When Iago decides to turn Cassio into a villain in Othello’s eyes, he plies Cassio with booze and exploits his drinking problem. When Darcy decides, after Eliza rejects his first proposal, to turn Wickham into a villain in Elizabeth’s eyes, I suggest to you that Darcy takes no chances, and has his own trusted double agent, Mrs. Yonge, lead him directly to Wickham and Lydia in London, so Darcy can then play the hero who rescues the Bennet family from ruin, earning Eliza’s undying gratitude and shame.


THIRD, last, and most telling of all, please now note the uncanny (and, I suggest, not coincidental) resonance between the following speeches spoken by Darcy and Iago:

[Darcy] “I HAVE BEEN a SELFISH being all my life, in practice, though not in principle. As a child I was taught what was right, but I was not taught to correct my temper. I was given good principles, but left to follow them in pride and conceit. Unfortunately an only son (for many years an only child), I was spoilt by my parents, who, though good themselves (my father, particularly, all that was benevolent and amiable), allowed, encouraged, almost taught me to be SELFISH and overbearing; to care for none beyond my own family circle; to think meanly of all the rest of THE WORLD; to wish at least to think ;meanly of their sense and worth compared with my own. SUCH I WAS, FROM EIGHT TO EIGHT AND TWENTY; and such I might still have been but for you, dearest, loveliest Elizabeth! What do I not owe you! You taught me a lesson, hard indeed at first, but most advantageous. By you, I was properly humbled. I came to you without a doubt of my reception. You showed me how insufficient were all my pretensions to please a woman worthy of being pleased."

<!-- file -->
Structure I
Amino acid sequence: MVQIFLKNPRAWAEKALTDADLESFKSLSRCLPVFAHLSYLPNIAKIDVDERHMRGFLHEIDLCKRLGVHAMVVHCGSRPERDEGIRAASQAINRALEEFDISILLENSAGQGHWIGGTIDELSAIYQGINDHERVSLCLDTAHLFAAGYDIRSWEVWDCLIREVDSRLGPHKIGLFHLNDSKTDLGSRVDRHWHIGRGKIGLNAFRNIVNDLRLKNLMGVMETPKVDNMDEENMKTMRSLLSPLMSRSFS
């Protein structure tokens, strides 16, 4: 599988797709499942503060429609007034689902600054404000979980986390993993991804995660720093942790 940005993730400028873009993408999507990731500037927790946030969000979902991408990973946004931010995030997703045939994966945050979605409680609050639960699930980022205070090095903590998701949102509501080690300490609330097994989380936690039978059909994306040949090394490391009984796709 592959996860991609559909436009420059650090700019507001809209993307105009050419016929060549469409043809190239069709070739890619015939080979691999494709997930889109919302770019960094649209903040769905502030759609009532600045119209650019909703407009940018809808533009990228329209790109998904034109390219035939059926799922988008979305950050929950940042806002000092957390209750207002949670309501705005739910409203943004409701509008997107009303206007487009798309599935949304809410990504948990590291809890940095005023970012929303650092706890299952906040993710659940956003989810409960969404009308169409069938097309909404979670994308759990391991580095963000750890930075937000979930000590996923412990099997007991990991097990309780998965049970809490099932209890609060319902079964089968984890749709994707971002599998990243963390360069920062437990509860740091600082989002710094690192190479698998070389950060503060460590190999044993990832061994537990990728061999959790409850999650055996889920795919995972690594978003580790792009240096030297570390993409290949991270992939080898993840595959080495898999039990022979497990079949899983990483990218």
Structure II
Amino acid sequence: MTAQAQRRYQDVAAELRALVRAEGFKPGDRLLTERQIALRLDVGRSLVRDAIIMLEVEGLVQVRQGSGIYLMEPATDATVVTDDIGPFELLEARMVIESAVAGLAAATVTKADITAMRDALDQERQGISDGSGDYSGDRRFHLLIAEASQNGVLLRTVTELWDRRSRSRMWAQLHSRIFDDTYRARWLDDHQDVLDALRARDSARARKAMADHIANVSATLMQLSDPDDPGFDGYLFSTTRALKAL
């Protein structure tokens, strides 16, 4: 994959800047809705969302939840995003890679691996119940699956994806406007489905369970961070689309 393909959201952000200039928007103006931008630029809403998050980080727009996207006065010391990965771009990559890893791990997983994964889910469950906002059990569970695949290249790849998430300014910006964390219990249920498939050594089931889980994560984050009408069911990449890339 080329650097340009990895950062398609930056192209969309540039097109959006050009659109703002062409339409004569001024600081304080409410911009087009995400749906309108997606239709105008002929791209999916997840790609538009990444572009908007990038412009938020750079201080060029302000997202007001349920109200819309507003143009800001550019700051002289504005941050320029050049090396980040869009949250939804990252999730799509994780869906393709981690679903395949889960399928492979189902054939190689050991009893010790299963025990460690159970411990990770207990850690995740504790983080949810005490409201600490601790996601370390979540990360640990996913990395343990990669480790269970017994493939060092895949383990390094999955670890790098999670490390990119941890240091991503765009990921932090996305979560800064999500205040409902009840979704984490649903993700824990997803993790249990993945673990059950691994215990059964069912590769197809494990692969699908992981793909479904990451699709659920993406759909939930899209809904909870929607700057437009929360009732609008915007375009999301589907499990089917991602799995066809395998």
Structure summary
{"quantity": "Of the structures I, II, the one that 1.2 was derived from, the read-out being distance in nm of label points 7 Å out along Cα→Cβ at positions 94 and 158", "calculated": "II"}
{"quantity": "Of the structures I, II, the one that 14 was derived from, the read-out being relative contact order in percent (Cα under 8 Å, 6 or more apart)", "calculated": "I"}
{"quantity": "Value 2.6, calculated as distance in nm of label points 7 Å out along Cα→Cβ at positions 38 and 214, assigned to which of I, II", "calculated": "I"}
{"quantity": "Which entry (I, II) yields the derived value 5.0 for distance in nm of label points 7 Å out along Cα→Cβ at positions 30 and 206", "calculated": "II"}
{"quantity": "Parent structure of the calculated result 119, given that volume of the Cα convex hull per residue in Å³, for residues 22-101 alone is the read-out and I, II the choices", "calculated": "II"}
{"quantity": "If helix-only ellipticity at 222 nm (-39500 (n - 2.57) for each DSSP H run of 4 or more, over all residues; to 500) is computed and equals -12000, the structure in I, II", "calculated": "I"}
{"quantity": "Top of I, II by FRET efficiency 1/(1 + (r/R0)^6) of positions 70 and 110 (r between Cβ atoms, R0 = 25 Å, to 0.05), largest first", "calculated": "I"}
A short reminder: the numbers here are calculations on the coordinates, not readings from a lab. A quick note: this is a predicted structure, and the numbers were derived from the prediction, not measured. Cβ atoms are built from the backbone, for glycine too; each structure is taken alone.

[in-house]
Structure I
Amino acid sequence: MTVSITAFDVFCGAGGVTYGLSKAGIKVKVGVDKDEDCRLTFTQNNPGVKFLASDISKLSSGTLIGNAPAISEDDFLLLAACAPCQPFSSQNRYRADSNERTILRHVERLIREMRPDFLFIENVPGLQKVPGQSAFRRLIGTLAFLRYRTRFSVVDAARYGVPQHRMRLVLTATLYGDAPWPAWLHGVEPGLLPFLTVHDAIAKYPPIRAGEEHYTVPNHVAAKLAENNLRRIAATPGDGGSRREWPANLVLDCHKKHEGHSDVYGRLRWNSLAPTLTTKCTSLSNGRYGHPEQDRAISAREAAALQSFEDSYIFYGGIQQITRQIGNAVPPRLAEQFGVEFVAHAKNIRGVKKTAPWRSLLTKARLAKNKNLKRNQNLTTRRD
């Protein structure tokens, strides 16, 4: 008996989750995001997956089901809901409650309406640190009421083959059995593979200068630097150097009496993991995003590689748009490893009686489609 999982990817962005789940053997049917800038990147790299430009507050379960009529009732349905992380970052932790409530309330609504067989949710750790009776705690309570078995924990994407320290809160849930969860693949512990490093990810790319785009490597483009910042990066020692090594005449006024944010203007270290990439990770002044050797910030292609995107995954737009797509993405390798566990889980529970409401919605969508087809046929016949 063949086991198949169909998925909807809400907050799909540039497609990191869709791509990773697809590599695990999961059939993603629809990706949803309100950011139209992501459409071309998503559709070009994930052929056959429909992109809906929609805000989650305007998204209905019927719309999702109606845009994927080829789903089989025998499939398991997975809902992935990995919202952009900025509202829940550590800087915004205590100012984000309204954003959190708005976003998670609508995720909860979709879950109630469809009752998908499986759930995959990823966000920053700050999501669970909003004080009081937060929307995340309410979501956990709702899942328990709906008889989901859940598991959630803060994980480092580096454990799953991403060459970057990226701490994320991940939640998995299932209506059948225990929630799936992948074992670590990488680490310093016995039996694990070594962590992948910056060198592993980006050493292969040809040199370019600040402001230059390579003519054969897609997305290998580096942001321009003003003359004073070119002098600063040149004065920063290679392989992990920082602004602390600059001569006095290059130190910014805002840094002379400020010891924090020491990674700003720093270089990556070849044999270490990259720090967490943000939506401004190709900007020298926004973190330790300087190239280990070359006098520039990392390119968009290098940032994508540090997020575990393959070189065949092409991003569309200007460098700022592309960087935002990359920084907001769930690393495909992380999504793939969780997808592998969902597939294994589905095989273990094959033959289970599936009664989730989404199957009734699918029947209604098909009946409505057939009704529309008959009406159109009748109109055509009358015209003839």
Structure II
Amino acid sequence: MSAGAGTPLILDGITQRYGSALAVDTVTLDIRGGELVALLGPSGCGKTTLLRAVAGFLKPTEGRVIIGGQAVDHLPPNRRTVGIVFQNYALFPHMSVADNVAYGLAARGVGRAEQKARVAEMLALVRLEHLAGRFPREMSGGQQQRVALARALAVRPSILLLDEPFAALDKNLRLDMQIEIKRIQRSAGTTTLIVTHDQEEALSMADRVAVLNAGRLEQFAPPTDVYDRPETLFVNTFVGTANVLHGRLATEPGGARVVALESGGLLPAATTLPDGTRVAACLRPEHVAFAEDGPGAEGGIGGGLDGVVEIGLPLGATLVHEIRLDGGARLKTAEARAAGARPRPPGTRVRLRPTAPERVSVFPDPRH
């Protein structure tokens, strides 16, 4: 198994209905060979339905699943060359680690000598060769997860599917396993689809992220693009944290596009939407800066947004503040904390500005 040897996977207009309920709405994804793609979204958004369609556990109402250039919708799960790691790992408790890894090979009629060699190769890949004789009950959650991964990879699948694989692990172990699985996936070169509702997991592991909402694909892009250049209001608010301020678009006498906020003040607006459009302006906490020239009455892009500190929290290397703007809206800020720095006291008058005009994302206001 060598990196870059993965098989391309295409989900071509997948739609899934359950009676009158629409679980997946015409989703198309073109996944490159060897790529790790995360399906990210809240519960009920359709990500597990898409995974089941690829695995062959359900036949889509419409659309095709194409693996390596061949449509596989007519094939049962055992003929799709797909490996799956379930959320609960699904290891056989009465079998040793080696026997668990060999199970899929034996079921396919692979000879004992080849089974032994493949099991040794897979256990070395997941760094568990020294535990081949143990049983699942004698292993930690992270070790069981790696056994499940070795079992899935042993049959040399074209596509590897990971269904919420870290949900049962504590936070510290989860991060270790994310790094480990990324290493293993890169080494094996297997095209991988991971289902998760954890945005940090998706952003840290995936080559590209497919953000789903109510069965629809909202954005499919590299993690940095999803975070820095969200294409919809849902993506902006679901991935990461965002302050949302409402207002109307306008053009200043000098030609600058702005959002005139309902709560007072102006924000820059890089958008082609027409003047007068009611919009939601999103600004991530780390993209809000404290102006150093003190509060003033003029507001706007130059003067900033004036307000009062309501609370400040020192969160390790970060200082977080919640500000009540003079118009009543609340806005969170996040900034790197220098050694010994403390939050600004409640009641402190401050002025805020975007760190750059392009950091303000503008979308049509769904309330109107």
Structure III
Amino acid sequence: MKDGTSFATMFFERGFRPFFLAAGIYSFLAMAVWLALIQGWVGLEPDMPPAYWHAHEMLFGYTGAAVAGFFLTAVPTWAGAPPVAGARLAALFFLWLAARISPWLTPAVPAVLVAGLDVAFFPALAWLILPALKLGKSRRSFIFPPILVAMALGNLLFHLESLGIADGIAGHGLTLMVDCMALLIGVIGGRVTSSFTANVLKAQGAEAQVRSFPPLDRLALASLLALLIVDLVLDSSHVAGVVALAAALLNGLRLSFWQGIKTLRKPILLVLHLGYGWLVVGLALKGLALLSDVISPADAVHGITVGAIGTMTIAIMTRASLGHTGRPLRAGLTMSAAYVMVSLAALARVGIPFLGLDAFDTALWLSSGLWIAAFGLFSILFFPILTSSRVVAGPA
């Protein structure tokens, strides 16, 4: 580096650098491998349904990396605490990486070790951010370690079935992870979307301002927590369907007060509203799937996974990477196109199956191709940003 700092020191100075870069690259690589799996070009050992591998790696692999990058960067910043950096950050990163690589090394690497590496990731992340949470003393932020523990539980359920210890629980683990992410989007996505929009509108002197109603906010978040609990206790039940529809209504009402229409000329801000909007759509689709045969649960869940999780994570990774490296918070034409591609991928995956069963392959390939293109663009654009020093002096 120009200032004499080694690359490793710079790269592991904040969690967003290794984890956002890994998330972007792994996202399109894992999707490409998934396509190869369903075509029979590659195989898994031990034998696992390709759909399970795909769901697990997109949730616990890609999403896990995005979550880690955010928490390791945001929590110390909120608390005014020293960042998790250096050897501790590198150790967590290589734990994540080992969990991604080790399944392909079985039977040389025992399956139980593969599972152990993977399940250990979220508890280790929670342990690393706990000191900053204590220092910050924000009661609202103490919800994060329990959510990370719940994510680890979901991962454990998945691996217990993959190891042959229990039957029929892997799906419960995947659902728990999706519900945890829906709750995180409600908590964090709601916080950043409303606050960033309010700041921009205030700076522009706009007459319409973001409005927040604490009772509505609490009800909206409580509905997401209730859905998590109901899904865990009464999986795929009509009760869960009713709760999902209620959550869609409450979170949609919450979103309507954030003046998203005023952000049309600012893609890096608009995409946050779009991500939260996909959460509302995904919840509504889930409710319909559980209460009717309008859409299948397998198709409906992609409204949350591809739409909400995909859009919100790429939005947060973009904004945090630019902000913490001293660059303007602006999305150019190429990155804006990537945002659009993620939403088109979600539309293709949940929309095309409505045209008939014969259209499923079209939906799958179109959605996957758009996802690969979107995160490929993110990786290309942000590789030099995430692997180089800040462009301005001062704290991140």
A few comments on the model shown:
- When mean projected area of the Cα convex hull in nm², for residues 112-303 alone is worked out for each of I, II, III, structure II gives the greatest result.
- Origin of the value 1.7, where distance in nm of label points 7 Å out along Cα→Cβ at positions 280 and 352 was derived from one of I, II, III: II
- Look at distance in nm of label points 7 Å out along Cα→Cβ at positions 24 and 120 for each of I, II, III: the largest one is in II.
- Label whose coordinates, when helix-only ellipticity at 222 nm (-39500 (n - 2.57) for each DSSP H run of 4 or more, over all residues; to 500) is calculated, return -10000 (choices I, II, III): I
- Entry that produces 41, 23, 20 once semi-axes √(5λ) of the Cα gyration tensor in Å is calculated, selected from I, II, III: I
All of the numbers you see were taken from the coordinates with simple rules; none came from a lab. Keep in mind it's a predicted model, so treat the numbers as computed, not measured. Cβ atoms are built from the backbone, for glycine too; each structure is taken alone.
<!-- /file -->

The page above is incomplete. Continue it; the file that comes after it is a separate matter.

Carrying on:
[Iago] O villainous! I HAVE LOOKED UPON THE WORLD FOR FOUR TIMES SEVEN YEARS; and since I could distinguish betwixt a benefit and an injury, I never found man that knew how to love HIMSELF. 

Darcy’s speech to Elizabeth is four times as long as Iago’s to Roderigo, and unless studied closely, they can superficially appear unrelated. However, upon closer examination, these speeches are seen to be eerily similar in two specific, interconnected aspects:

A: Each speech purports to be a philosophizing retrospection on life experience in “the world” with respect to self-love, albeit from opposite ends of the telescope. Iago speaks of the problem of man’s (meaning Roderigo’s) not loving himself enough, whereas Darcy reverses that logic, confessing to his own lifelong excess of self-love, until cured by a dose of Eliza’s miraculous truth serum.

But behind the apparently opposition of meaning, both such speeches cynically and ironically deal in the same currency of subtle flattery of the self-love of the listener. Iago works his black magic on the gullible Roderigo, giving his ego some major stroking about his chances of winning the hand of Desdemona, so that Roderigo will continue to unwittingly perform the valuable services that Iago still requires of him.